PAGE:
The Palma Aquarium Foundation cares for hatchling sea turtles with the Head-Starting programme

It is estimated that only 1 out of every 1,000 sea turtles will survive to adulthood.  In order to obtain scientific data and increase their chances of survival, the Head-Starting programme, an initiative set up by the InGeNi-Caretta project, has been introduced throughout Spain. Loggerhead sea turtles (Caretta caretta) are bred and raised under controlled conditions for a year, until they are large enough to be released into their natural habitat. Their size at this stage enables them to be tagged with an identification or satellite transmission chip.

In 2023, 29 nests were recorded on the Spanish coastline, including 6 in the Balearic Islands.   

Given the urgent need to improve management plans for this species, the Palma Aquarium Foundation has joined the Head-Starting programme, together with a number of other partners including the  Oceanogràfic in Valencia, the CRAM Foundation in Catalonia for the recovery of marine animals, and  IRFAP-LIMIA, a laboratory for marine and aquaculture research and part of the Balearic Islands’ Regional Ministry of Agriculture, Fishing and the Environment. The aim is to assess the techniques used in the care of hatchling sea turtles and to create a common database.

The hatchlings used for the study come from the nests located in  Can Pere Antoni (Mallorca), Cala Millor (Mallorca), Serrallo (Tarragona), Begur (Girona) and Coma-ruga (Tarragona) that were formed during the summer 2023 nesting season in Spain.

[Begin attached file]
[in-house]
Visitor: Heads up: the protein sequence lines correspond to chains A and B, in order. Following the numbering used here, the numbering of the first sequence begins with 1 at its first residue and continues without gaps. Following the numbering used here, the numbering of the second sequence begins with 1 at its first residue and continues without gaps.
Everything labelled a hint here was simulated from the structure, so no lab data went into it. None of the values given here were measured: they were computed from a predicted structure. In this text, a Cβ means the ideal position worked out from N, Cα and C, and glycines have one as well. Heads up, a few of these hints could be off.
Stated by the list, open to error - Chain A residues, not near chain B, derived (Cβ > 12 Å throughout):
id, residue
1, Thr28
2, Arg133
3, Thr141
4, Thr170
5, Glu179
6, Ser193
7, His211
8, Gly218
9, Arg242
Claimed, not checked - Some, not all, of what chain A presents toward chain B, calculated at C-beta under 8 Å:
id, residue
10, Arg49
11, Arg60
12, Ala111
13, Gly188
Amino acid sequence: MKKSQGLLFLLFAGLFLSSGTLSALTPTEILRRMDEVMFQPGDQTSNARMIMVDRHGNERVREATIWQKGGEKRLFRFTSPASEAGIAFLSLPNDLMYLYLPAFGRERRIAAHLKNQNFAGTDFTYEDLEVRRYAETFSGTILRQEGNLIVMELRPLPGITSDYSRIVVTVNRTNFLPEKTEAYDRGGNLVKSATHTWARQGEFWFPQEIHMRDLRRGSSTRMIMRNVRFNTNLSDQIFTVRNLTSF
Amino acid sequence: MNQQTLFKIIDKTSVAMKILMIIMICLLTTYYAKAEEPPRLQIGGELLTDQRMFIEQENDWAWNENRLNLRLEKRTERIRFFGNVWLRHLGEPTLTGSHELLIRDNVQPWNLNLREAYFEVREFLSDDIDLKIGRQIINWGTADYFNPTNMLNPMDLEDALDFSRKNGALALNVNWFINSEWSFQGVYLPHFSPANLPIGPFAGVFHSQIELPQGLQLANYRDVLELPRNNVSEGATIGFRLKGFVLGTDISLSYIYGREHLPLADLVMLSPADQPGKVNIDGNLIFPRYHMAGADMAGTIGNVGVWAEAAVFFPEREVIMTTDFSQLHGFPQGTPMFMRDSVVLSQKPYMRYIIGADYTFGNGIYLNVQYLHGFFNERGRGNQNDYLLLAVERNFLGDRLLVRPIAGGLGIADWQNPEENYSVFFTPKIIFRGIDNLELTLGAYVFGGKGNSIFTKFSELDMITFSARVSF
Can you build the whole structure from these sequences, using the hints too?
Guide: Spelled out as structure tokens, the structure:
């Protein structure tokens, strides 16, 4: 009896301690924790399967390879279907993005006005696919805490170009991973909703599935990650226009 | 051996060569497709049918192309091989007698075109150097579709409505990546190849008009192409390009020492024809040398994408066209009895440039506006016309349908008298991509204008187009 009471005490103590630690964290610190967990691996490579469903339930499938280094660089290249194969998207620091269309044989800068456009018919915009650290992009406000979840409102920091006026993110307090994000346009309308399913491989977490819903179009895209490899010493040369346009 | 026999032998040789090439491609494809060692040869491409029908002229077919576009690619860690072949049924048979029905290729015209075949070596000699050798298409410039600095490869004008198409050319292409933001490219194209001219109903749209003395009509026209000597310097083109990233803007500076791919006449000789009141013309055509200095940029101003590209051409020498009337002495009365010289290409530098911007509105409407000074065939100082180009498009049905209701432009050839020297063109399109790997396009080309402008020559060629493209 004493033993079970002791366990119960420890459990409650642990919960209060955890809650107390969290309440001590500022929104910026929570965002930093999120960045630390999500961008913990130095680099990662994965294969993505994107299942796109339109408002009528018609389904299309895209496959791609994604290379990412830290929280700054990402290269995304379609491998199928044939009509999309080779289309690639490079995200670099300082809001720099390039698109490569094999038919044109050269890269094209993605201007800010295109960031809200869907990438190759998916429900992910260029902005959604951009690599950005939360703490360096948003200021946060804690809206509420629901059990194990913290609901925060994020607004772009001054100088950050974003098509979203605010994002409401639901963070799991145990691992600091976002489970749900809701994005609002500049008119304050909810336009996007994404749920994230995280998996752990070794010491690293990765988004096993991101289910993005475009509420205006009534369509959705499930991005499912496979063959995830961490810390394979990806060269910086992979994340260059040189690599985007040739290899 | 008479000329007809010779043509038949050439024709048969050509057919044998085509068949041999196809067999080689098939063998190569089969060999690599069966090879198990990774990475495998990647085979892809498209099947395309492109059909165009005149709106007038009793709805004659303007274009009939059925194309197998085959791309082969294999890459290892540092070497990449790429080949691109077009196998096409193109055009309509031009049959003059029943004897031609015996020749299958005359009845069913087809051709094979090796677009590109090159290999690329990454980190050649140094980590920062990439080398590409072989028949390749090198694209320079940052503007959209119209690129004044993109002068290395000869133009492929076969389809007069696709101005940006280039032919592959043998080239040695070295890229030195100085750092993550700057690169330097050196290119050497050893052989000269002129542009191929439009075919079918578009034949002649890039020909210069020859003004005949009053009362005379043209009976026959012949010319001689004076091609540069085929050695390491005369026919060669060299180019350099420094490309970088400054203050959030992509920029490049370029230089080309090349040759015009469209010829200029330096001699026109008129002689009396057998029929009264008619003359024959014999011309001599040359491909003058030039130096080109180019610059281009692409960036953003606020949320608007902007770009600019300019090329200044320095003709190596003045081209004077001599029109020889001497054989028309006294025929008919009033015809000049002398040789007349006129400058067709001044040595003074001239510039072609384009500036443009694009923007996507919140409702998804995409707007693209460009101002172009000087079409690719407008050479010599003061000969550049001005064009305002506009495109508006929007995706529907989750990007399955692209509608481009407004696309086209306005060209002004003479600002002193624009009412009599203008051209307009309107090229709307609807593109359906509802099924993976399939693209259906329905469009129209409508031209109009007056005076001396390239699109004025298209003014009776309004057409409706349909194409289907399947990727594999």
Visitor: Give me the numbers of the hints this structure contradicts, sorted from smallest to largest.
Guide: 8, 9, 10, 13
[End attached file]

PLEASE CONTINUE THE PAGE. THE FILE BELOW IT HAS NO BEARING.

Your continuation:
Watch this video to see how these animals are cared for.

The Palma Aquarium Foundation cares for 12 hatchling sea turtles  

The process consisted of a weekly assessment of their growth and adjustments to their omnivore diet, with ongoing communication between the various centres throughout.

The hatchlings’ diet included squid, hake, sardines and shrimps, algae such as spirulina, as well as calcium and vitamins. Initially, they were fed 10% of their body weight three times a day. They are currently fed 8% of their body weight twice a day, and the food is prepared in chunks which they have to reach by diving.

On hatching, the baby sea turtles weighed approximately 15 grammes and had a straight shell length of some 4 cm. They currently weigh an average 1.5 kg and are approximately 18 cm long. At this size, their chances of survival are higher, and in June 2024 they will be ready for release onto the beaches they came from.

InGeNi-Caretta: a project made up of sea turtle experts

This multidisciplinary project seeks to gain a deeper insight into the colonisation of the  Caretta caretta species in the western Mediterranean. Using the database, the objective is to analyse parameters such as hatchling growth, survival rates and physical ability. Further objectives include identifying optimum handling techniques of sea turtle nests on Spanish Mediterranean beaches and observing the differences between hatchlings from the same nest under different incubation conditions (on the beach and in incubators).

The InGeNi-Caretta consortium, which is responsible for managing this project, is made up of the following partners: the BETA Technology Centre of the Vic Central University of Catalonia, the Biodiversity Research Institute (IRBio) of the University of Barcelona, and Valencia’s Polytechnic University, with the collaboration of the University of Valencia and the Doñana Biological Station. It is also supported by the Biodiversity Foundation of the Spanish Ministry for Ecological Transition and Demographic Challenge (MITECO), within the framework of Spain’s Recovery, Transformation and Resilience Plan (PRTR), financed by the European Union’s NextGenerationEU.

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